A lot of women are turning to the weights to get into shape. It's a smart move. But for every woman picking up some dumbbells, there's an equal number who avoid them. Some think that weightlifting will make them bulky — which isn't true — and others don't think that pushing around some weight in the gym will help them lose a few pounds. But the truth? Strength training will definitely help you lose weight and is an integral part of how you can shape your body into the lean, fit machine you've always wanted! How does it work? What do you really have to do? What can you expect? Wow, you've got a lot of questions! Good thing we have all the answers!
More Muscle Is a Great Thing
Have you ever heard the phrase "the more muscle you have, the more fat you'll burn"? No? Well, trust us when we say it's definitely true. Let's look at the science: the body expends energy (calories) just to maintain muscle, and the more you have, the more energy your body needs to maintain it. What does that mean for you? Just having muscle burns calories, and having more muscle means burning even more calories. You may not think you'll be using a significant amount of energy and that you won't have a significant caloric loss just by building muscle, but it's enough to make a noticeable difference, as stated in many studies.
And if you think that you'll only be burning calories when you're actually using those new muscles, you're dead wrong. According to certified personal trainer Heather Neff, "You'll be burning fat while you sleep just for the fact that you have muscle to maintain." To put it simply, building muscles can help raise your resting metabolism.
Don't Trust the Scale
First off, you have to know one simple fact: strength training might actually make you gain weight. Let me explain before you freak out. Weight is a vague term typically used to describe how much a person actually weighs and frequently has little to do with your health or fitness levels.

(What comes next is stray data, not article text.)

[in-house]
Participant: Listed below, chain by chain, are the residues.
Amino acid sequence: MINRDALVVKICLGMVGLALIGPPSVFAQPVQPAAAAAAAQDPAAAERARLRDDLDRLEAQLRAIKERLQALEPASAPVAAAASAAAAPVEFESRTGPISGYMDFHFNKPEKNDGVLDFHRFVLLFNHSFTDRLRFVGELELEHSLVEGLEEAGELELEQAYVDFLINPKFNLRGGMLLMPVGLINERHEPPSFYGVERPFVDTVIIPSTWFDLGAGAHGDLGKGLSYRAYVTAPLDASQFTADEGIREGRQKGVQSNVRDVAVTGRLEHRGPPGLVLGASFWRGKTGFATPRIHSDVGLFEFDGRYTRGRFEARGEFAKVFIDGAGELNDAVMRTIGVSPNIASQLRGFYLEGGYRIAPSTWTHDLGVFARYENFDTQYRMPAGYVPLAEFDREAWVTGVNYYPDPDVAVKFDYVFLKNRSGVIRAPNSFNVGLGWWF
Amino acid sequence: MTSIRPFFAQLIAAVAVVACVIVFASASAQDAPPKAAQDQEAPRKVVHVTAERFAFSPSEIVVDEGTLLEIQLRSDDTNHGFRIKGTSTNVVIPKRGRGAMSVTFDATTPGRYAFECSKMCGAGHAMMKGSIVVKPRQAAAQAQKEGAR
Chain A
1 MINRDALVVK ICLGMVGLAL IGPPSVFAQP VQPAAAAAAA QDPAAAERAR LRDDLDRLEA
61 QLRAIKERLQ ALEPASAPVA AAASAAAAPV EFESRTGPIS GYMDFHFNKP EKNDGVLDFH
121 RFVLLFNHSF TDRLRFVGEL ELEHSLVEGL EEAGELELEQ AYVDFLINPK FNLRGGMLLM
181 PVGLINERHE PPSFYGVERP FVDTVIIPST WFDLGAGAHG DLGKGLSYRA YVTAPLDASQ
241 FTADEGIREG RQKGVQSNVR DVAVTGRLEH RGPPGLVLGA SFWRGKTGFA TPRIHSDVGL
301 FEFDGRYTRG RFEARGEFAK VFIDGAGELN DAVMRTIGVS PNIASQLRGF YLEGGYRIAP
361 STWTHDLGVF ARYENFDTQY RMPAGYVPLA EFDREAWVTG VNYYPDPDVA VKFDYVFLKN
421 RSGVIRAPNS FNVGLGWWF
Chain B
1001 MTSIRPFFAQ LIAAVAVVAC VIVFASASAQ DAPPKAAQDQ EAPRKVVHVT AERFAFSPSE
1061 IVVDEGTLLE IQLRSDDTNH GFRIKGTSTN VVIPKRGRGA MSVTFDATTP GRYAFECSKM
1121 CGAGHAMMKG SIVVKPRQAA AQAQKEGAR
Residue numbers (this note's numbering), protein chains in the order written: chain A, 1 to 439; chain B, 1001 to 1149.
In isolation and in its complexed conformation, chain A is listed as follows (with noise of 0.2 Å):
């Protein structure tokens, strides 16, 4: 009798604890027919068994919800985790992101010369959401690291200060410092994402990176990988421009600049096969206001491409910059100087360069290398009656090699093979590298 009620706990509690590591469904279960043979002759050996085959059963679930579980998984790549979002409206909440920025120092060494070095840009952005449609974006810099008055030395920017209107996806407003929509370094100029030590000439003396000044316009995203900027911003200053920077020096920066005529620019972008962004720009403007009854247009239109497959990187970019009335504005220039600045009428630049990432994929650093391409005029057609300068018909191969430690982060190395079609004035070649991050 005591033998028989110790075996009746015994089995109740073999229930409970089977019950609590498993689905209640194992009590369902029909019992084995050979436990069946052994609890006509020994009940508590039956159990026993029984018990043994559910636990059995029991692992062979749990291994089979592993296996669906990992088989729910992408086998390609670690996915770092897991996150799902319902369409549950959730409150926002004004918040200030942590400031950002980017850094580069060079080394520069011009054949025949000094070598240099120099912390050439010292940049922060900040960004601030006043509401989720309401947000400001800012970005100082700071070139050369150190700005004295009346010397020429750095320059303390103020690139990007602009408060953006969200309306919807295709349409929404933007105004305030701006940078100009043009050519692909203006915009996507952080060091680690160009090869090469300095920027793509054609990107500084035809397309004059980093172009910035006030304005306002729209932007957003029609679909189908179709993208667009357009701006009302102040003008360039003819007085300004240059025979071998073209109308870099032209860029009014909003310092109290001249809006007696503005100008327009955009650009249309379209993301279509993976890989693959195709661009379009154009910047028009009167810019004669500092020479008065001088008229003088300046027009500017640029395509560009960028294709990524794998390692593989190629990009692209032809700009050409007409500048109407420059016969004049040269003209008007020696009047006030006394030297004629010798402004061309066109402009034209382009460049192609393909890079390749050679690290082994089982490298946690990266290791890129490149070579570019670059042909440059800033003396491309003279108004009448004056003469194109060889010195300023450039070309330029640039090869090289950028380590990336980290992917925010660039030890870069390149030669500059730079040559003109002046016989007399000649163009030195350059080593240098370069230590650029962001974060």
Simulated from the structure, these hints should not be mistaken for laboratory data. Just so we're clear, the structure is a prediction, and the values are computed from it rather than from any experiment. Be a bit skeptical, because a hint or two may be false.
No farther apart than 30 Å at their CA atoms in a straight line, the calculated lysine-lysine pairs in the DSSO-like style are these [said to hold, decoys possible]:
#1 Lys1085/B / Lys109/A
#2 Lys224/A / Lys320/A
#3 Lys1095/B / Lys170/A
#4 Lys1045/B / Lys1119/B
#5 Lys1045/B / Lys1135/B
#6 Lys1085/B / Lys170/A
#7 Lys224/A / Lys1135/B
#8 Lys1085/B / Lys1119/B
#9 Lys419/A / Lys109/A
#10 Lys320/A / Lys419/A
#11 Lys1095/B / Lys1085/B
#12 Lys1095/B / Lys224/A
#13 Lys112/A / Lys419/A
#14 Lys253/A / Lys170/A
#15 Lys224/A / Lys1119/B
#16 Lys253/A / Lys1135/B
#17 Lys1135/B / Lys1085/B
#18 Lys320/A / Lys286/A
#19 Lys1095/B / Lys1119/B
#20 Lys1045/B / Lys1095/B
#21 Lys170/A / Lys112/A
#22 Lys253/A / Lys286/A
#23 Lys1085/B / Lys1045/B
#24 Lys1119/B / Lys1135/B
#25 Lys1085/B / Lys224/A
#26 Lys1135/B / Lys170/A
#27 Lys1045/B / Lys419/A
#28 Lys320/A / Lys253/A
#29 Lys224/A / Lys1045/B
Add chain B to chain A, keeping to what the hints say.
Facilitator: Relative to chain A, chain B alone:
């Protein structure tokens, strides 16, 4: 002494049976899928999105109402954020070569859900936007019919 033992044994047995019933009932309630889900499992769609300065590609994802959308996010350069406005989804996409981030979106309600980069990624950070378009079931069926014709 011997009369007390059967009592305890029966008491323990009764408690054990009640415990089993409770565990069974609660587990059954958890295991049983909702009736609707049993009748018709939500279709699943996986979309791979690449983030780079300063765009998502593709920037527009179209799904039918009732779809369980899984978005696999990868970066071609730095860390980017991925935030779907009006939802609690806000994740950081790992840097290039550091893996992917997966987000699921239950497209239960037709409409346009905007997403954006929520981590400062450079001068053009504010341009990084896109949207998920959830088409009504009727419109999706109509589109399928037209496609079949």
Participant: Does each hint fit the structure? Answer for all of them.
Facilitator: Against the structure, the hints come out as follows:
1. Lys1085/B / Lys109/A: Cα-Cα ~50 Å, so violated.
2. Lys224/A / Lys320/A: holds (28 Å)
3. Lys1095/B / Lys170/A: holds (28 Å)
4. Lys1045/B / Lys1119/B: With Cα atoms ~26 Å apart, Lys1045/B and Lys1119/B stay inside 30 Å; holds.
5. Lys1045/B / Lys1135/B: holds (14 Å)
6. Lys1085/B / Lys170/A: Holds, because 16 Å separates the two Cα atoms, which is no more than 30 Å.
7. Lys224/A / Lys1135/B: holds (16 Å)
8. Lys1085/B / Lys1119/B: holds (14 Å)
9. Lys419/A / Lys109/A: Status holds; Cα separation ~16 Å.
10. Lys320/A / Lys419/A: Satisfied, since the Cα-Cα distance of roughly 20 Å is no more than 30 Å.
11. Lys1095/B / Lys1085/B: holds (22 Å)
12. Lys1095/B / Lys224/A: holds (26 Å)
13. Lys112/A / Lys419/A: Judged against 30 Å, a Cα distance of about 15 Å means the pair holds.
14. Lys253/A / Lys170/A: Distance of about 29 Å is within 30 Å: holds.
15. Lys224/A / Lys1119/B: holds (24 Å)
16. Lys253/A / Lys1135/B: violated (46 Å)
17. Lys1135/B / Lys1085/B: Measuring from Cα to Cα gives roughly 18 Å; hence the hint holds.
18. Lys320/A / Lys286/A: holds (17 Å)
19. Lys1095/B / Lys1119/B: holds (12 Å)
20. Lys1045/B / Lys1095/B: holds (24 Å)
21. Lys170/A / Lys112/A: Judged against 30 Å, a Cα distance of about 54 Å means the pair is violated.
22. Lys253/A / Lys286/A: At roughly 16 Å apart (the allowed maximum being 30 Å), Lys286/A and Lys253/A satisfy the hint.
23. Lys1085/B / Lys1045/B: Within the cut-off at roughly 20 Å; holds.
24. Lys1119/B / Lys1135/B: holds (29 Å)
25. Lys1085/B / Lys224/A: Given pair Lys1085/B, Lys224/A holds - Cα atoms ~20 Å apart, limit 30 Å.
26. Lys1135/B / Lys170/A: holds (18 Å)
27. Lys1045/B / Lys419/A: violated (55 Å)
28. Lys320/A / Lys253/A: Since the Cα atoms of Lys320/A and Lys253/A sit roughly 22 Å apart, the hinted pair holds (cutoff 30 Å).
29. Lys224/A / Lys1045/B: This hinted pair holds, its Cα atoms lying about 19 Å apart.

According to Neff, "If you were to take five pounds of muscle and five pounds of fat, place them both in a bucket and compare the two side by side, the fat will take up a significant amount of room while the muscle takes up very little, yet they still weight the exact same. That's because fat cells are large, light, and fluffy, while muscle fibers are small and very dense."
So don't freak out when you step on the scale after a few weeks. Instead, revel in the glory of how well you fit in those new jeans!
How to Use Strength Training to Lose Weight
If you're trying to lose weight, then a good mix of cardio and strength training is the best plan. That's right, you can't just stop doing cardio — but at least you won't have to keep doing endless sessions on the treadmill. And if you double up, you should keep that cardio for after the weights. Why? "Strength training before cardio because cardio can deplete your body of energy and set you up for injury," Neff said. "Especially if you are going to be lifting heavier weights." If you can't see yourself doing strength training and cardio in the same workout, do your cardio on off days or in other venues (go for a walk, play a sport, or even take up LARP'ing — look it up! It's hilarious, geeky fun).
How often should you be strength training? Neff offers this advice: "Do your strength training three to four days per week and make sure you're not doing it back to back, especially if you're doing a full-body routine — always give yourself a day in between training for the muscles to recover and grow."